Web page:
GLOBAL MARKETS-Stocks, euro slip as ECB set to join rate hike club
Updates prices, adds comments
By Herbert Lash and Marc Jones
NEW YORK, June 9 (Reuters) - U.S. and European shares slid and euro zone borrowing costs hit an eight-year high on Thursday after the European Central Bank signaled it will hike interest rates next month for the first time since 2011, a move some said was too slow.
While the ECB decision was widely expected, the possibility of a larger hike from September weighed on sentiment at a time when the euro zone economy is grappling with slowing growth and soaring inflation. nL1N2XW0AB
Markets have focused for months on how fast central banks move to curb inflation, with investors expecting the Federal Reserve to hike rates by 50 basis points next week, especially if U.S. CPI data on Friday confirms an elevated reading.
But central bank rate hikes also spell potential trouble and have put investors in a bind, as they could spark slowdowns. The ECB said inflation will remain "undesirably elevated."
Bill Papadakis, a macro strategist at Lombard Odier, said markets see the ECB's policy rate peaking above 2% and lead to slower economic growth.
"We think this would make monetary policy restrictive, and doubt that the euro region's economy could sustain such tight conditions, given its present challenges," Papadakis said.
The ECB's steps to tackle inflation were perceived as dovish after a bigger-than-expected rate hike earlier this week by the Reserve Bank of Australia and signs the Fed will sharply raise rates, said Joe Manimbo, senior market analyst at Western Union Business Solutions.
"The ECB struck a somewhat less hawkish tone and as a result, we've seen the euro zigzag," Manimbo said. "The fact that the ECB is sticking to a gradual rate hike path has been underwhelming for euro bulls."
The euro EUR= fell 0.57% to $1.0653 against the dollar, as the dollar index =USD rose 0.4%. But bond yields across southern Europe rose sharply after the ECB flagged a string of rate hikes would ensue.
With euro zone inflation at a record-high 8.1%, the ECB had already flagged a series of moves, including ending its long-running asset buying program at the end of June.
The ECB spelled out plans to raise rates a quarter point next month and probably half a point again in September, which would be the first 50-basis-point move in 22 years. nF9N2UZ02K
Robert Alster, chief investment officer at Close Brothers Asset Management, said the ECB was relatively late to the rate hike "party."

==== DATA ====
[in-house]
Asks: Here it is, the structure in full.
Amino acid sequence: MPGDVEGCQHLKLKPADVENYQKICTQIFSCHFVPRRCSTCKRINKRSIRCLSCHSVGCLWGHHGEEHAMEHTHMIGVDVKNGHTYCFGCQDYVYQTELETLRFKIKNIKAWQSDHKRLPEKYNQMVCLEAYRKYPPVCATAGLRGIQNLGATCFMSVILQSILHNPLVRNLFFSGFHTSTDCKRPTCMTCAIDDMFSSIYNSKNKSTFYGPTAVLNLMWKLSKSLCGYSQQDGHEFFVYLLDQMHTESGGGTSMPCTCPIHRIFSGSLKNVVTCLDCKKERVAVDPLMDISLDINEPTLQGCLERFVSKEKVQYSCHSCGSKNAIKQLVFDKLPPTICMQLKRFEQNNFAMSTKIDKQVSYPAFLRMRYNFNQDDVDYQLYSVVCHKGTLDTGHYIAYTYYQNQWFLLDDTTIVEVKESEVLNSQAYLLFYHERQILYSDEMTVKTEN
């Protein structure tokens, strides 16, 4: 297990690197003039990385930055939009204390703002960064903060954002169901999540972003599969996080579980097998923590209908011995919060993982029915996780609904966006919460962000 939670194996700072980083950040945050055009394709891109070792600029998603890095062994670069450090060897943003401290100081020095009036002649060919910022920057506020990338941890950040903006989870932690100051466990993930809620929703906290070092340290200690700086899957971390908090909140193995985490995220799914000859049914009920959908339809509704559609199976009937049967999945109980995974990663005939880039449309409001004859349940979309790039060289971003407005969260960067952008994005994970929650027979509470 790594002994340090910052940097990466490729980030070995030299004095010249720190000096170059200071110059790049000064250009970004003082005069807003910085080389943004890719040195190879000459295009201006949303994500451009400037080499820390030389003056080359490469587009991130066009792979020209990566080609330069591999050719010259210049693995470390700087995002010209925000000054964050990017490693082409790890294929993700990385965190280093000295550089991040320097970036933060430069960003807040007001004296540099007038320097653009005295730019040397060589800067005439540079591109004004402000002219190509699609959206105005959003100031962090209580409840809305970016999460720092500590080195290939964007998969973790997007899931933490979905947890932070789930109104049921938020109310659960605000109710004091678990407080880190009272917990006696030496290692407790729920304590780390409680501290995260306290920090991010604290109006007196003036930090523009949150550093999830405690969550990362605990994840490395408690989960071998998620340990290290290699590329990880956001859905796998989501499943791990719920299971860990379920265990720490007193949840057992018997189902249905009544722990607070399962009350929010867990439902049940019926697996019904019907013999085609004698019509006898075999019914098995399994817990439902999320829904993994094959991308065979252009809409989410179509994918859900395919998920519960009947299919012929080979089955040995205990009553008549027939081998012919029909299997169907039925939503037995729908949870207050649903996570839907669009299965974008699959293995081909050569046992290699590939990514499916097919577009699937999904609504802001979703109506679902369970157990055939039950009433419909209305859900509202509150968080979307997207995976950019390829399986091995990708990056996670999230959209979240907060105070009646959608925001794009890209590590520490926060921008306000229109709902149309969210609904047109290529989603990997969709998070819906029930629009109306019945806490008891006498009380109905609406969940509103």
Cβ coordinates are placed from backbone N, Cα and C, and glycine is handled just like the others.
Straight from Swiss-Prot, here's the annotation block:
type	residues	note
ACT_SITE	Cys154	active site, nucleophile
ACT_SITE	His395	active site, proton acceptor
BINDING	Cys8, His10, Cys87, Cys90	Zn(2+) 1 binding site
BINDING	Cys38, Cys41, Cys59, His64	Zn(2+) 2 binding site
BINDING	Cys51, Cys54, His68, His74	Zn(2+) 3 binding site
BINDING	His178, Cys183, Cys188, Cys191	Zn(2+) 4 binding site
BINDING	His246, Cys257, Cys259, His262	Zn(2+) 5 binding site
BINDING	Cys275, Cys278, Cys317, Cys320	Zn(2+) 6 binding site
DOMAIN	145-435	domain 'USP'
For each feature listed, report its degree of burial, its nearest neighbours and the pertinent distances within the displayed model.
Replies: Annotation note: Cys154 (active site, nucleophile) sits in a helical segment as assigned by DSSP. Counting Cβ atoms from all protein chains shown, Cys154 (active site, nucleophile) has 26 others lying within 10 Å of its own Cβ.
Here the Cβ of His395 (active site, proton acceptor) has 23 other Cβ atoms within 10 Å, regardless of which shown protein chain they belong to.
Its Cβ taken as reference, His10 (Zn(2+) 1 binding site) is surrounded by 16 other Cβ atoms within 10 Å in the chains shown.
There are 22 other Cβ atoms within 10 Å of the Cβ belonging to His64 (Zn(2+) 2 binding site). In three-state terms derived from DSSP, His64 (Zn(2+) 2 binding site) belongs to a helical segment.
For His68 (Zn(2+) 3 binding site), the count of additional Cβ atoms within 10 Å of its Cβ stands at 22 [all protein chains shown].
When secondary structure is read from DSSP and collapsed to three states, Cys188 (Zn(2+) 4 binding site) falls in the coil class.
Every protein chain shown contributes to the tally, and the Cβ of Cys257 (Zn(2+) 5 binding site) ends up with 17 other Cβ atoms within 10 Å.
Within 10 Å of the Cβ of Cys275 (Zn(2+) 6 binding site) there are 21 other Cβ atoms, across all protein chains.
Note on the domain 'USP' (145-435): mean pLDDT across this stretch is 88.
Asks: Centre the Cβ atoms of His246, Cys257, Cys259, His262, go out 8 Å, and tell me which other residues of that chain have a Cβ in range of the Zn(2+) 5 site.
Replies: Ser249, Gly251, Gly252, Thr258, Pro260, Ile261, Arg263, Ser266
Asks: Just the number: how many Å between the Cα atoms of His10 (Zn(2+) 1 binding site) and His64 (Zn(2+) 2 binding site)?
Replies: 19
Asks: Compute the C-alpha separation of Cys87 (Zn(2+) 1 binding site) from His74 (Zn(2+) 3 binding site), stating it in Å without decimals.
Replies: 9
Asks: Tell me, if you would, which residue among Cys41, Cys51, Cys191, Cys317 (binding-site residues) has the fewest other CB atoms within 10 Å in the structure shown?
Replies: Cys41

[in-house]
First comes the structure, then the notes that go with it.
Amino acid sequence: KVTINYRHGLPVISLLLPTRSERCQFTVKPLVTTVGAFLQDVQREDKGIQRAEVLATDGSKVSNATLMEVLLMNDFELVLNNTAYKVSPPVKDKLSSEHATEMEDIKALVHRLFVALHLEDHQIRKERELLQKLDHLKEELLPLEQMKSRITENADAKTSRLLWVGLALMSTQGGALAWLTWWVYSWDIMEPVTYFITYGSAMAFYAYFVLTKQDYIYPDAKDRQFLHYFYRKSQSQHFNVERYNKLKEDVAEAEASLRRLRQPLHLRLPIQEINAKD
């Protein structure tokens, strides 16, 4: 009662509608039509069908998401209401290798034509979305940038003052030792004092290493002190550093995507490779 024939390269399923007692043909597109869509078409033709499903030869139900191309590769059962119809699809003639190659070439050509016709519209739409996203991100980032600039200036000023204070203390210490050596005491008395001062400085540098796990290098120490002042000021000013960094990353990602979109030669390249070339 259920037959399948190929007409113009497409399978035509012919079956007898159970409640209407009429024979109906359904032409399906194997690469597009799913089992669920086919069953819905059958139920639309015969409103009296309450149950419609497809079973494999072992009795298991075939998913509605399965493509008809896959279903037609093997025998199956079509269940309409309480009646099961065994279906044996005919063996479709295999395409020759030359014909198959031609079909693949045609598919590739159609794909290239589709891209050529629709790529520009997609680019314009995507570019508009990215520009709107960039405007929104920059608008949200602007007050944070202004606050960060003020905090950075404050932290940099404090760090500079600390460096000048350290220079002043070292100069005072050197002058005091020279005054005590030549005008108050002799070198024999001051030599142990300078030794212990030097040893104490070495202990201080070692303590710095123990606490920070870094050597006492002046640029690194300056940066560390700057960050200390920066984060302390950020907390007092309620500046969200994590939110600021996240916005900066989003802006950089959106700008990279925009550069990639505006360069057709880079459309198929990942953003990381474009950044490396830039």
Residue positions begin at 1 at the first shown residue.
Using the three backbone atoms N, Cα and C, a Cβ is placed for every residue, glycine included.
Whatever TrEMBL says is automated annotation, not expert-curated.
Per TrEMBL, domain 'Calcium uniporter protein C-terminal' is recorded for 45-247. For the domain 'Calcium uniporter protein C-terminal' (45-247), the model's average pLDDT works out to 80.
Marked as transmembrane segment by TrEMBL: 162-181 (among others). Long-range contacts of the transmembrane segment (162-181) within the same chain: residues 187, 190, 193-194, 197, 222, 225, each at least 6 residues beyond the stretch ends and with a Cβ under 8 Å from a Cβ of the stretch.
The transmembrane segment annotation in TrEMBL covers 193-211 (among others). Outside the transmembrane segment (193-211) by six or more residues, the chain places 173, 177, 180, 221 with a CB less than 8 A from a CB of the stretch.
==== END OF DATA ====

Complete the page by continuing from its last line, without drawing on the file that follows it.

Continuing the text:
"We do not expect more aggressive tightening whilst the war in Ukraine continues to weigh on sentiment," he said.
Bond dealers pushed Germany's 10-year government bond yield - the main proxy for European borrowing rates - to its highest level in eight years at 1.47%. The bund was last down 0.7 basis points to 1.428%.
Yields on the 10-year U.S. Treasury notes US10YT=RR rose 1.8 basis points to 3.047%.
The ECB also published new forecasts that raised this year's inflation projections to 6.8% from 5.1% previously, but cut its growth outlook to 2.8% from 3.7% due to sky-high energy and food prices.
With questions about how fast the ECB and other central banks need to move still unanswered, concerns about inflation and the impact on the economy sapped risk appetite.
The pan-European STOXX 600 index .STOXX lost 1.35% and MSCI's gauge of stocks across the globe .MIWD00000PUS shed 0.86%.
On Wall Street, the Dow Jones Industrial Average .DJI fell 0.4%, the S&P 500 .SPX lost 0.50% and the Nasdaq Composite .IXIC dropped 0.55%.
European stocks were already on the defensive, led by miners .SXPP as China imposed new COVID lockdown measures in Shanghai, while the financials sector .SXEP fared marginally better with banks soon able to charge higher lending rates. nL1N2XV1N0.EUO/R
Asian stocks fell overnight. MSCI's broadest index of Asia-Pacific shares outside Japan .MIAPJ0000PUS lost 0.5%, with Australian shares .AXJO finishing down 1.4% and Seoul's KOSPI .KS11 flat. Hong Kong's Hang Seng .HSI turned around from small gains to fall 0.7% and Chinese A-shares fell 1%. .CSI300
The other focus for investors was the declining Japanese yen, which dropped to a 20-year low against the dollar of 134.56 JPY= before paring some losses. It also neared crucial levels against China's yuan which are highly sensitive for Asia.
A widening policy divergence has weighed on the yen, with the Bank of Japan remaining one of the few global central banks not signaling higher rates at present. FRX/
Oil prices slid. U.S. crude CLc1 recently fell 0.33% to $121.71 per barrel and Brent LCOc1 was at $123.37, down 0.17% on the day.
GRAPHIC-Global currencies versus dollar http://tmsnrt.rs/2egbfVh
GRAPHIC-MSCI All Country World Index Market Caphttp://tmsnrt.rs/2EmTD6j
GRAPHIC-Markets bet ECB will hike interest rates fasthttps://tmsnrt.rs/3wyGSyy
GRAPHIC-Euro zone inflation is at record highshttps://tmsnrt.rs/3NZ4ZgG
(Reporting by Herbert Lash and Marc Jones;
Additional reporting by Andrew Galbraith in Shanghai; Editing by Jane Merriman and Lisa Shumaker)
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